The Commerce Department reported last week that housing starts rose 6.3 percent to a seasonally adjusted annual rate of 1.017 million homes, with almost all of the gains coming from the building of apartments.

Apartment construction has surged 30.3 percent over the past 12 months, almost three times the rate of growth for single-family houses.

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Existing Home Sales See Fastest Pace Yet This Year
In 2013, the median lot size of a new sold single-family house was 8,596 square feet, or just under 0.2 acres. While that might not seem like a lot for you suburban homeowners, a regional breakdown shows that the small average size isn't due to urban inhabitants alone. The Northeast enjoys the largest average lot, at 13,052 square feet, while the less densely populated South and West lay claim to just 8,649 square feet and 6,796 square feet, respectively.
From a footprint of 1,650 square feet in 1978, the average American home has grown 50 percent, to 2,478 square feet. Yet tough times seem to be squeezing our expansionary attitude. Although new single-family homes sold in 2013 clocked in at a median 2,478 square feet, single-family homes completed in 2013 amounted to just 2,384 square feet. Homebuilder confidence has plummeted into pessimism in the last few months, hinting that the housing market's road to recovery might be rougher than expected.

While birth rates have held relatively steady for the past 40 years, everyone apparently needs more elbow room. The share of homes with four or more bedrooms has jumped from 27 percent in 1978 to 51 percent in 2013. And where would a bedroom be without a bathroom? While just 8 percent of 1978 homes had three or more baths, 37 percent of homes now fall in that category.

From 2008 to 2013, both the share of homes with four or more bedrooms and the share of homes with three or more bathrooms have jumped 10 percentage points, while median square footage is up 10.9 percent for the same period.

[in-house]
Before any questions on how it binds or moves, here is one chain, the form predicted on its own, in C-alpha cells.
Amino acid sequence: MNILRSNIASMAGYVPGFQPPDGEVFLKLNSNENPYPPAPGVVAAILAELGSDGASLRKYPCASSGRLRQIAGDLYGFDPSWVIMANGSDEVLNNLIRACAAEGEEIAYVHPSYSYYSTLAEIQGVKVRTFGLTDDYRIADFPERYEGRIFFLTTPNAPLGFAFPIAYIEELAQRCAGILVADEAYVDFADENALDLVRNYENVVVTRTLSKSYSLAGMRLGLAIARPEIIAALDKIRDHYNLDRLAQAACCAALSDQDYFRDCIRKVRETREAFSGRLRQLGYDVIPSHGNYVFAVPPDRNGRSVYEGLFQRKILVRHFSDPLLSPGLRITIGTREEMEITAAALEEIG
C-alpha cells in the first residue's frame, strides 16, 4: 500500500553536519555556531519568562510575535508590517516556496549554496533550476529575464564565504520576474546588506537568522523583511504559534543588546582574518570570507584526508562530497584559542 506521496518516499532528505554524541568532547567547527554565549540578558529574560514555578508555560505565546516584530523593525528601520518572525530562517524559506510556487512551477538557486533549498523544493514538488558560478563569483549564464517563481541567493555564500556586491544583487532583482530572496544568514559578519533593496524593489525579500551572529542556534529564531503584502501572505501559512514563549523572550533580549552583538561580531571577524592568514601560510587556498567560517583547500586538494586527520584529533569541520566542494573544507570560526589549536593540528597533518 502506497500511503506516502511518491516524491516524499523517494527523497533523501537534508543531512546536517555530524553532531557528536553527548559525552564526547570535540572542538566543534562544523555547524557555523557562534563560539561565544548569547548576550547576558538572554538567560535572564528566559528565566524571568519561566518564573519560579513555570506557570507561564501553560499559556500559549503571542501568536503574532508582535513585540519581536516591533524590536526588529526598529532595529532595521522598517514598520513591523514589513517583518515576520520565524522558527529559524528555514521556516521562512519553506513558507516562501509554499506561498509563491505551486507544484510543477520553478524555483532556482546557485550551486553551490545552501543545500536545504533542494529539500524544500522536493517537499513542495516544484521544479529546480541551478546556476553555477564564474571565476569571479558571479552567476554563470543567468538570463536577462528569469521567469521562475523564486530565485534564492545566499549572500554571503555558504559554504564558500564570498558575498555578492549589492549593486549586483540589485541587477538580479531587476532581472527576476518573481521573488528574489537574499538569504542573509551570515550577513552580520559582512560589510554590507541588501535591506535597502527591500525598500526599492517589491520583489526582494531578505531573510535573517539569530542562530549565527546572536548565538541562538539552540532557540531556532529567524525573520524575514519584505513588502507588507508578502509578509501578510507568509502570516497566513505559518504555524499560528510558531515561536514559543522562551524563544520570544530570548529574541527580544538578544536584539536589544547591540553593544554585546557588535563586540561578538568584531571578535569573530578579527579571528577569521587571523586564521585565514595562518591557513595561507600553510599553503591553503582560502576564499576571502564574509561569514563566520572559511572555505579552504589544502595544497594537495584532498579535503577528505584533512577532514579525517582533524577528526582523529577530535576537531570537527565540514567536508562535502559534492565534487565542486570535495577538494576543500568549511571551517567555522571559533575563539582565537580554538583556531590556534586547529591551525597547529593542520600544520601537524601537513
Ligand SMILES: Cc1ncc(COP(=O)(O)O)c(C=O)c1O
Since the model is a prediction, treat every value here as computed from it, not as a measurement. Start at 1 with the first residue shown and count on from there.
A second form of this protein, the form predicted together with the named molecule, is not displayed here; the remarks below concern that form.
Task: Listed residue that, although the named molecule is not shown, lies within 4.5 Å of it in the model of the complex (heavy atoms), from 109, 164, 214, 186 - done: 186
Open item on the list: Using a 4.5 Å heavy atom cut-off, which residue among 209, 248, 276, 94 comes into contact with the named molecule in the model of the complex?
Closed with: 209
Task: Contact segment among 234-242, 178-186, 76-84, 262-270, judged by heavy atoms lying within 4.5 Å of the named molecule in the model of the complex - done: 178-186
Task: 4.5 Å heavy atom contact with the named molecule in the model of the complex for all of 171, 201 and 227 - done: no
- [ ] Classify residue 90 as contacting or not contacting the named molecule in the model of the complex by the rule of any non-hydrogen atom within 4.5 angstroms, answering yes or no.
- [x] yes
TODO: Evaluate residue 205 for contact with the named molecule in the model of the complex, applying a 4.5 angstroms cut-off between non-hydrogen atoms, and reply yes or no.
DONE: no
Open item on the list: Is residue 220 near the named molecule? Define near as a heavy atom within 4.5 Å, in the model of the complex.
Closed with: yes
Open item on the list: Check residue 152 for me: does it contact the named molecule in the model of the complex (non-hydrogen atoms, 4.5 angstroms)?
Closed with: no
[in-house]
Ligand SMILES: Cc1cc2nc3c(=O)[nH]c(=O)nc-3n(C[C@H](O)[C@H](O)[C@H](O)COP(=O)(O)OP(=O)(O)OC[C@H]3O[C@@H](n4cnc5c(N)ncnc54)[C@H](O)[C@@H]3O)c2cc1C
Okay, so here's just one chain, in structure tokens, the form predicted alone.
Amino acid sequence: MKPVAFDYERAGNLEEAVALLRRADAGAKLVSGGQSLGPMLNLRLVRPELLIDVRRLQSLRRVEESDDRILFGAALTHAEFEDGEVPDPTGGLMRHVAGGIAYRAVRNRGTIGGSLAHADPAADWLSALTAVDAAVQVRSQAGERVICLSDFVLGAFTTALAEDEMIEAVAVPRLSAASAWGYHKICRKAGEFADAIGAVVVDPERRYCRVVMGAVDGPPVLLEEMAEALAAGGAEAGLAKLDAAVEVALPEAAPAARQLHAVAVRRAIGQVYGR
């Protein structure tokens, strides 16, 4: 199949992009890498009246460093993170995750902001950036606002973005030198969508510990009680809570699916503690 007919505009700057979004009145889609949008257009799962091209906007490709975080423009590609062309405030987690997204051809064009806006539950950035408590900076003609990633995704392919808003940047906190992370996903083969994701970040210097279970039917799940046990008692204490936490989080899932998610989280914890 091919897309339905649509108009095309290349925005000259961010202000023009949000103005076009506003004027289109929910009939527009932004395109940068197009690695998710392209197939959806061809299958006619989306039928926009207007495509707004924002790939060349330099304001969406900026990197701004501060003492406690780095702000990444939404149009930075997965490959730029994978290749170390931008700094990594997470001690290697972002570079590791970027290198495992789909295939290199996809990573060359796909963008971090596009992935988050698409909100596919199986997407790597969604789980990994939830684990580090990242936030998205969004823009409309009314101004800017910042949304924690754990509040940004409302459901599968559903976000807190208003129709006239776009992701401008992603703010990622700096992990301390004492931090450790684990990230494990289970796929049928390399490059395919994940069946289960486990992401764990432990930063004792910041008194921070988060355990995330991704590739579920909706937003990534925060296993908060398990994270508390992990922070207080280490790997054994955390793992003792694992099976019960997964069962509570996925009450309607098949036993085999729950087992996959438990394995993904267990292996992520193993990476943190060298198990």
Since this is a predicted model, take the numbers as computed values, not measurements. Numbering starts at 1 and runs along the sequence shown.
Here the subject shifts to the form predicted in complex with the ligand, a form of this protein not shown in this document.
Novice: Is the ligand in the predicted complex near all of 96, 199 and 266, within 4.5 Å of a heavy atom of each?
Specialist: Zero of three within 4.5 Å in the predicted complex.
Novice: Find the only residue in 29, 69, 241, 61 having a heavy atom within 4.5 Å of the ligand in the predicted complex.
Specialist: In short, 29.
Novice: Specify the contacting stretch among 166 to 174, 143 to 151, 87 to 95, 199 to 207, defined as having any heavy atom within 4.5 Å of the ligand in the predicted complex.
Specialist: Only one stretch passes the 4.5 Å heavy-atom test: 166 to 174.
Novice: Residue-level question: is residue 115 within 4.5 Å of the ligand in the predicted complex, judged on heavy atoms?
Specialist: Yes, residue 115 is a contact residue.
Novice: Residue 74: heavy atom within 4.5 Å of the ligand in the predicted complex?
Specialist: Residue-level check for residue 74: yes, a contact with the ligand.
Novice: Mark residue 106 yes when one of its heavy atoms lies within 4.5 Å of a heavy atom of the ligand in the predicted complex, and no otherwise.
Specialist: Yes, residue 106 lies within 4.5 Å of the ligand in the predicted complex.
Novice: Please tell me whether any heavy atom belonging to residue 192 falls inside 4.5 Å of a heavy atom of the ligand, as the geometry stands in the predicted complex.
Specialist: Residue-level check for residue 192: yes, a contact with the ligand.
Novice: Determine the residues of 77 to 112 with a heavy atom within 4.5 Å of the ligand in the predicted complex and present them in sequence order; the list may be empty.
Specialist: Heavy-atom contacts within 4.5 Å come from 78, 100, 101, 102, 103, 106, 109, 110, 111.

If there's one strong sign of new housing demand, it's home prices. After nose-diving during the Great Recession to a median sales price of just $216,700, home prices have been roaring back up. In 2013, the median sales price for a new single-family home was $268,900. But for those on the housing hunt, don't be discouraged. Home prices today still don't hold a candle to costs in 2006, according to the well-regarded Case-Shiller Home Price Index. In 2006, the index topped 200 before plummeting to less than 140, and current rates put the index just above 170.
It is America, after all. Our industrialized nation was built on the back of Henry Ford, and America is in no danger of breaking its automobile addiction. In 2013, a whopping 300,000 of the 429,000 new single-family homes sold included a two-car garage. And 98,000 new homes included a three-car garage -- the highest amount since 2007. Of all new homes built, only 10,000 failed to include a garage or carport.
American homebuyers are building bigger homes than ever before. But if there's one thing the recent recession has shown us, bigger isn't always better. Although 30 percent of Americans believe real estate is the best long-term investment, homeownership isn't for everyone. There are plenty of reasons to spend less or invest elsewhere -- and leave keeping up with the Joneses to Mr. and Mrs. Smith.